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For an insight into how an insomniac looks at the world, see Dhruv Malhotra's photos. The 27-year-old is a self-confessed insomniac who sleeps not more than 3-4 hours on a normal day. There have been times when he has gone without sleep for days at a stretch - at the end of which, he says, he has come out as a wreck.
In Sleepers, his latest exhibition, he has gone around India documenting people in slumber. The photos have been taken in urban centres — Mumbai, Delhi, Kolkata, Bangalore, Udupi and Jaipur. They show people sleeping on pavements, on the ground, beside a railway track, on taxis, under flyovers, on park benches. One photograph, for instance, shows a man sleeping on a table after some celebration. He is framed against the backdrop of a pandal entrance. Another shows a man sleeping in an open shack by the sea, his face covered with a shroud to shield him from the rising sun. All the photographs are marked by a day-like brightness that perhaps comes from the way an insomniac perceives the night.
Why does Malhotra photograph sleeping men? By photographing other people in slumber, is he trying to fulfill his own need for rest? No, he says, the idea grew naturally when he was working on a previous project, Noida Soliloquy, where he went around photographing the suburb at night.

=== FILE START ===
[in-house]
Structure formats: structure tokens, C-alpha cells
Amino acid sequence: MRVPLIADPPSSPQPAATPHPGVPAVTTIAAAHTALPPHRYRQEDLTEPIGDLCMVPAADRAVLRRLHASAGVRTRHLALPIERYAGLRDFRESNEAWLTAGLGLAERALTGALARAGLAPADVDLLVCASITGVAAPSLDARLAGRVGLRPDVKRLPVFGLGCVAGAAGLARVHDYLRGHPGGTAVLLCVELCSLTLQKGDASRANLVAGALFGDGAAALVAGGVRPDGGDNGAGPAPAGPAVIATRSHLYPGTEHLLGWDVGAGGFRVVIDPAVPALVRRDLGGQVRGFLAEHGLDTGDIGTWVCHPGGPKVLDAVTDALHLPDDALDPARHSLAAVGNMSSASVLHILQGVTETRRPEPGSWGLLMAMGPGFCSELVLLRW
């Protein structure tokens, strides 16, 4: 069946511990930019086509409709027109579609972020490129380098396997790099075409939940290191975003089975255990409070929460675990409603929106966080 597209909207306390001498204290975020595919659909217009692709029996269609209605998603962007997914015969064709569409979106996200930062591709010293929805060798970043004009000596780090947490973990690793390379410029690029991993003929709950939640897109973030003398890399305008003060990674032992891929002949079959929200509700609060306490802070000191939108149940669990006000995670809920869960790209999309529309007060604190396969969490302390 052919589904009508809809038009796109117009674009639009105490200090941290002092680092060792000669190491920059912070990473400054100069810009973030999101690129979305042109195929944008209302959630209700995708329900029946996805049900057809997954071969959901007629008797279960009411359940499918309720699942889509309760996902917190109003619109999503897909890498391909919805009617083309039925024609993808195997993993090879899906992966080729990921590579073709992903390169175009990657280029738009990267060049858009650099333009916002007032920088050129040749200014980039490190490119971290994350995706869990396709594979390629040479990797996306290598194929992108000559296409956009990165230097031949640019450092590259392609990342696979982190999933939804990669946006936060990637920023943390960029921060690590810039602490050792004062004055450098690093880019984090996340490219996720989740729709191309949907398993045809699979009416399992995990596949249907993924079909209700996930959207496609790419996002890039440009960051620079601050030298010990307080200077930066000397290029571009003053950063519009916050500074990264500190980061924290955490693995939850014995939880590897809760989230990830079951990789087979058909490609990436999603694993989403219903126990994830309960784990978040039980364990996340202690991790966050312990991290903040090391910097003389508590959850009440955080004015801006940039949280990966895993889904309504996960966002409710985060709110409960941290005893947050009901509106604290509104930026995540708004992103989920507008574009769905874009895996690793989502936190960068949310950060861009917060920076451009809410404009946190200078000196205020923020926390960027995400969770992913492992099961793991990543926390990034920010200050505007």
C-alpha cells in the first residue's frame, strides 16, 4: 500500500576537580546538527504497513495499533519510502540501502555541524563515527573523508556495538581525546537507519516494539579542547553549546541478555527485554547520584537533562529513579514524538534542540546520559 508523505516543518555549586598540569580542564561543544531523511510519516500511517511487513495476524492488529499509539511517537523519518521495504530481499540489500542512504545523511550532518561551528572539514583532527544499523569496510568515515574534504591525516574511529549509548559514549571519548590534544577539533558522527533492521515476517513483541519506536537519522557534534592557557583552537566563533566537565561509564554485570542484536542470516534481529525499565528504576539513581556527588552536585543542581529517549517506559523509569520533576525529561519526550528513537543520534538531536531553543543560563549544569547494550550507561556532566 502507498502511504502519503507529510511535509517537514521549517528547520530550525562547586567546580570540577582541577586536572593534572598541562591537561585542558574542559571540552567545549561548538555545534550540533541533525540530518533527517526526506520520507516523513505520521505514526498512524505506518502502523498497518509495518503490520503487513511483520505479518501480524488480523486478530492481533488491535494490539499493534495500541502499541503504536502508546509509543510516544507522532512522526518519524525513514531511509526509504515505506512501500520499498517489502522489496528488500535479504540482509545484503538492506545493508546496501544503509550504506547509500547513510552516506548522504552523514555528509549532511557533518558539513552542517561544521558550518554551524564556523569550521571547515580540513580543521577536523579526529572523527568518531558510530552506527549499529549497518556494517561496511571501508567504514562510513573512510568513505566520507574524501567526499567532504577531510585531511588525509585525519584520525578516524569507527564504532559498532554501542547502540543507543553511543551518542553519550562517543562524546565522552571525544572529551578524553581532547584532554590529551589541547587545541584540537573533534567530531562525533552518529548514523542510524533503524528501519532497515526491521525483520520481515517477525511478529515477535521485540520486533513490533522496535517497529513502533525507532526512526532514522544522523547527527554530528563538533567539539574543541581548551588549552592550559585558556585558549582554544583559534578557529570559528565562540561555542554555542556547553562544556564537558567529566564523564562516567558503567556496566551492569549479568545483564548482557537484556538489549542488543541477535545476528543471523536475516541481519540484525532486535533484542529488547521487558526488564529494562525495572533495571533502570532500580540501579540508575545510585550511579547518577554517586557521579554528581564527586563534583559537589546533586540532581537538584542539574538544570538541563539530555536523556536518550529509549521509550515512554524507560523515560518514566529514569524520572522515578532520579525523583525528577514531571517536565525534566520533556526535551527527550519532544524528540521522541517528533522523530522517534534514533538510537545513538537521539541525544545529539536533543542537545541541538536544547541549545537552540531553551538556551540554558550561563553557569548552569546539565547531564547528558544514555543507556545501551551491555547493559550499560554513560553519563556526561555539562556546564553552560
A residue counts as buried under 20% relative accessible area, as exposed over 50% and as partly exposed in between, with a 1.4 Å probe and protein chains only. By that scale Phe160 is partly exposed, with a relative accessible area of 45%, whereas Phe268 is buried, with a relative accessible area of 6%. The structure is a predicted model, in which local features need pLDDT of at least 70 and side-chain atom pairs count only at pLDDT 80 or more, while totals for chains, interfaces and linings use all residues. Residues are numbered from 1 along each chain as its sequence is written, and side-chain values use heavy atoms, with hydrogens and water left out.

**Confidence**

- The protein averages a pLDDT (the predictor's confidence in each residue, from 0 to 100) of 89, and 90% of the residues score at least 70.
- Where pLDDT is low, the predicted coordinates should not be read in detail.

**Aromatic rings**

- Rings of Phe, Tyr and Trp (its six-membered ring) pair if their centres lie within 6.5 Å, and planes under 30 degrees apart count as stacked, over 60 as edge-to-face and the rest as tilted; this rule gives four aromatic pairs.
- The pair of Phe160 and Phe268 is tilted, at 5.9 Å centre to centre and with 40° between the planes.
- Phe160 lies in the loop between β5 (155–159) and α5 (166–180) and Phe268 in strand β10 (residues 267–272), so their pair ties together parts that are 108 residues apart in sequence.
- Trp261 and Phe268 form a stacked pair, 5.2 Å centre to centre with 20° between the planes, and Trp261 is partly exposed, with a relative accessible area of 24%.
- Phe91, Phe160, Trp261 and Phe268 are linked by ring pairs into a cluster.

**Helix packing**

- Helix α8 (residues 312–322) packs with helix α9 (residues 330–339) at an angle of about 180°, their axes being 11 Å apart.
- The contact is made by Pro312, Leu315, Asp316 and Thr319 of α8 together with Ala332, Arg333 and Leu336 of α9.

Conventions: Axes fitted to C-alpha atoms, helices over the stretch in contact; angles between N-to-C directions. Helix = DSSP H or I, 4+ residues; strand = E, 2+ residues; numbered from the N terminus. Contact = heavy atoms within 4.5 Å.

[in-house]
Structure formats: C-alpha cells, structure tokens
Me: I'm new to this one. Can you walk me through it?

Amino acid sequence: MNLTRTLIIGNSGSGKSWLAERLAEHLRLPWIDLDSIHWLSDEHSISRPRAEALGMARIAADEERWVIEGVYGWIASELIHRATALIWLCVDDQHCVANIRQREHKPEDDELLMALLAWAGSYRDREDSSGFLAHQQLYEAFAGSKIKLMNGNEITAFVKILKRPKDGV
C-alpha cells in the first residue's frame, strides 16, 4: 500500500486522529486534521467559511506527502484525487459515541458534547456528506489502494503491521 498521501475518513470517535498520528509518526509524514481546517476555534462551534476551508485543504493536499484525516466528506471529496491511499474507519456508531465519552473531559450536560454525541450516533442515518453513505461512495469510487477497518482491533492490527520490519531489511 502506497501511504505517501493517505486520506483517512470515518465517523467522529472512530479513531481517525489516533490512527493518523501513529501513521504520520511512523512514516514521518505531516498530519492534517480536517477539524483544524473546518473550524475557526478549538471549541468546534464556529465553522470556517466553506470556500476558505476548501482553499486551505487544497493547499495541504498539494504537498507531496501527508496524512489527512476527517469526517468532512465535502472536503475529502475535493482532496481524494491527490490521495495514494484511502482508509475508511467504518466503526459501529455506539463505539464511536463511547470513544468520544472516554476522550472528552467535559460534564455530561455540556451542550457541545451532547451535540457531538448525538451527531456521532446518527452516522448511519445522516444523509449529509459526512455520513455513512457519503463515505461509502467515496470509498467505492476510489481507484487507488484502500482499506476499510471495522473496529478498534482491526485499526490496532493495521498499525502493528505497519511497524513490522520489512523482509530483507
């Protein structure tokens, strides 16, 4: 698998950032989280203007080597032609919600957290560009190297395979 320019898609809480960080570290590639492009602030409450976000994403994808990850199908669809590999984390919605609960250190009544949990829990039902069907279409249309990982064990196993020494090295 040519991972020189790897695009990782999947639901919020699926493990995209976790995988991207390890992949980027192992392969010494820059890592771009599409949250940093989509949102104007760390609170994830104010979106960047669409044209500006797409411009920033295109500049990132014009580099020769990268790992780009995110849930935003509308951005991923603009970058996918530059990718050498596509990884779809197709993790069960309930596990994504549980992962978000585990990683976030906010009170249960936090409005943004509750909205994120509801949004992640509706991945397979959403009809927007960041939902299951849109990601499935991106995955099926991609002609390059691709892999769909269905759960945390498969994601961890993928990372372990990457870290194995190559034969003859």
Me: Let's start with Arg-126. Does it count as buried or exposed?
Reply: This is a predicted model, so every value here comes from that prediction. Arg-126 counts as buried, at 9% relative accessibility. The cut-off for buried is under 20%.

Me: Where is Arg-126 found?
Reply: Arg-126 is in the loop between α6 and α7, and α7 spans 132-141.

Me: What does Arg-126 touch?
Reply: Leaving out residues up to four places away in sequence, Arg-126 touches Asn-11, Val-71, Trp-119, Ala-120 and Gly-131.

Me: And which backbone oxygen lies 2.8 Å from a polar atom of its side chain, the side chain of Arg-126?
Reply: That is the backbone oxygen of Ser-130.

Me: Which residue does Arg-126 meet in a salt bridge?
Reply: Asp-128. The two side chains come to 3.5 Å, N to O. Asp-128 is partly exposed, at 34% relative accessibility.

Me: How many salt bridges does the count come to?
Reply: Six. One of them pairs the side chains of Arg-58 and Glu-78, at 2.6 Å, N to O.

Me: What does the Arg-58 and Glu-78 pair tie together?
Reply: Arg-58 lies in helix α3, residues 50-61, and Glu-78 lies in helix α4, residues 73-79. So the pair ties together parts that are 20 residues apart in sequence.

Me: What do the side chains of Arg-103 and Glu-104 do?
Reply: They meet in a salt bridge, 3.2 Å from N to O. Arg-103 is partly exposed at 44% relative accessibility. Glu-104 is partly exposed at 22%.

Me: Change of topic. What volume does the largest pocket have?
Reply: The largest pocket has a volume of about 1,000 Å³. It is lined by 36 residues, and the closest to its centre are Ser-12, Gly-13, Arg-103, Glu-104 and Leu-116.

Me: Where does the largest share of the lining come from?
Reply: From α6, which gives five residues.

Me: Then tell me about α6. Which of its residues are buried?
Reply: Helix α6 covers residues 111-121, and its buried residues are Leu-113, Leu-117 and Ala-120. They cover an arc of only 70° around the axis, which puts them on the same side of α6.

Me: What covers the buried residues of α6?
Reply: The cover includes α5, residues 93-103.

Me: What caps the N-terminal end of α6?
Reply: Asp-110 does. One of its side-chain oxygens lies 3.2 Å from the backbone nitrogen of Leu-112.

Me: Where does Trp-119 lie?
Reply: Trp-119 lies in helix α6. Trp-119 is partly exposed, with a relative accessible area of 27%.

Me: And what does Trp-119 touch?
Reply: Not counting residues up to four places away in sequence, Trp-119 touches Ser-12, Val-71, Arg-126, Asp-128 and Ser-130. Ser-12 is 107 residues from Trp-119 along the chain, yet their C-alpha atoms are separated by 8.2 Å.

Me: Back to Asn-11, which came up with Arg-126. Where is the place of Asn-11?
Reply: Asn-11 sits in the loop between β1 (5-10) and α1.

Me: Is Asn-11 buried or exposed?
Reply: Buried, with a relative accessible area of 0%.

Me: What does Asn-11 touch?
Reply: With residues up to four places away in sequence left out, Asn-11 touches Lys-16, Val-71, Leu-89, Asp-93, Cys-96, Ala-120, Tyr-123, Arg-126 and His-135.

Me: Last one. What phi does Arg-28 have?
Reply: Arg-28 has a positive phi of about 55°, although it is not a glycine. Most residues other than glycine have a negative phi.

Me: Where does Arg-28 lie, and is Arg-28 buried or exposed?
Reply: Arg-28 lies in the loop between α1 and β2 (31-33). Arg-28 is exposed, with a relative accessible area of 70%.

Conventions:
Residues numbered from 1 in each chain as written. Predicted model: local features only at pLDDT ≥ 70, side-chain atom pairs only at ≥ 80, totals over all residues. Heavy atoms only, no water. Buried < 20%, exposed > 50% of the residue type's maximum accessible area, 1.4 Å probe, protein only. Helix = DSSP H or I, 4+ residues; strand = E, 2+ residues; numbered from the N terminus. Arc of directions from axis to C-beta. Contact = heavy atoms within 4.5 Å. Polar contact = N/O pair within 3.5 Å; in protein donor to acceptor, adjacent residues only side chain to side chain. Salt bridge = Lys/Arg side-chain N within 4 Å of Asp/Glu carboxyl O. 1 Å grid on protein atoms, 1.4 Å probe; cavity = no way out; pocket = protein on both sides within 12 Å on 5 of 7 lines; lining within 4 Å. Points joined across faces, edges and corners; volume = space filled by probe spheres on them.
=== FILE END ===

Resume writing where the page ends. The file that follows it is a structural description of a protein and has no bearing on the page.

Malhotra has always been a nocturnal animal. "Even as a child, I would go to sleep late and wake up early. When I grew up and went to college in Mumbai, it became possible go out at night and explore the city, " he says. Photography happened when he took a few pictures with a digital camera while driving around Mumbai with a friend at night. He realised that the photographs held promise, and the following year picked up a film SLR and set out on his journey as a lensman.
Even for photographs, it was never the day and always the night. "Daytime photography doesn't really excite me, " he says. "I prefer the stillness, the mystery and the silence of the night. I can also follow a certain rigour and meticulousness of process. I have my own space. I don't get these things during the day. "
A typical work-night begins at 11 or 12 midnight and lasts till 5 in the morning when people start getting up. He roams the city looking for subjects, and once he has found one, composes the photograph in his mind. He sets up his tripod and the fixes the focus, leaving the aperture open for hours at a stretch. For Sleepers, the minimum exposure has been of eight minutes and the maximum, two hours.
Some of the subjects have woken up even as he has been photographing them. "They have never objected. They just seem amused that someone should be photographing them when they are asleep. In most cases, I usually succeed in talking them back to sleep. But it is not the sleepers who are the problem - it is the cops and the goons. "
There have been several run-ins with cops, who have quizzed him about taking pictures in the dark. In Kolkata, an encounter with local strongman at 2 am led to a visit to the police station but he was soon released. As for the goons, they can be fended off. "I carry a pepper spray when I roam about at night, " he says. "I carry expensive equipment with me and can't afford to have them stolen. "
(Sleepers is on till March 2 at Delhi's PhotoInk Gallery)
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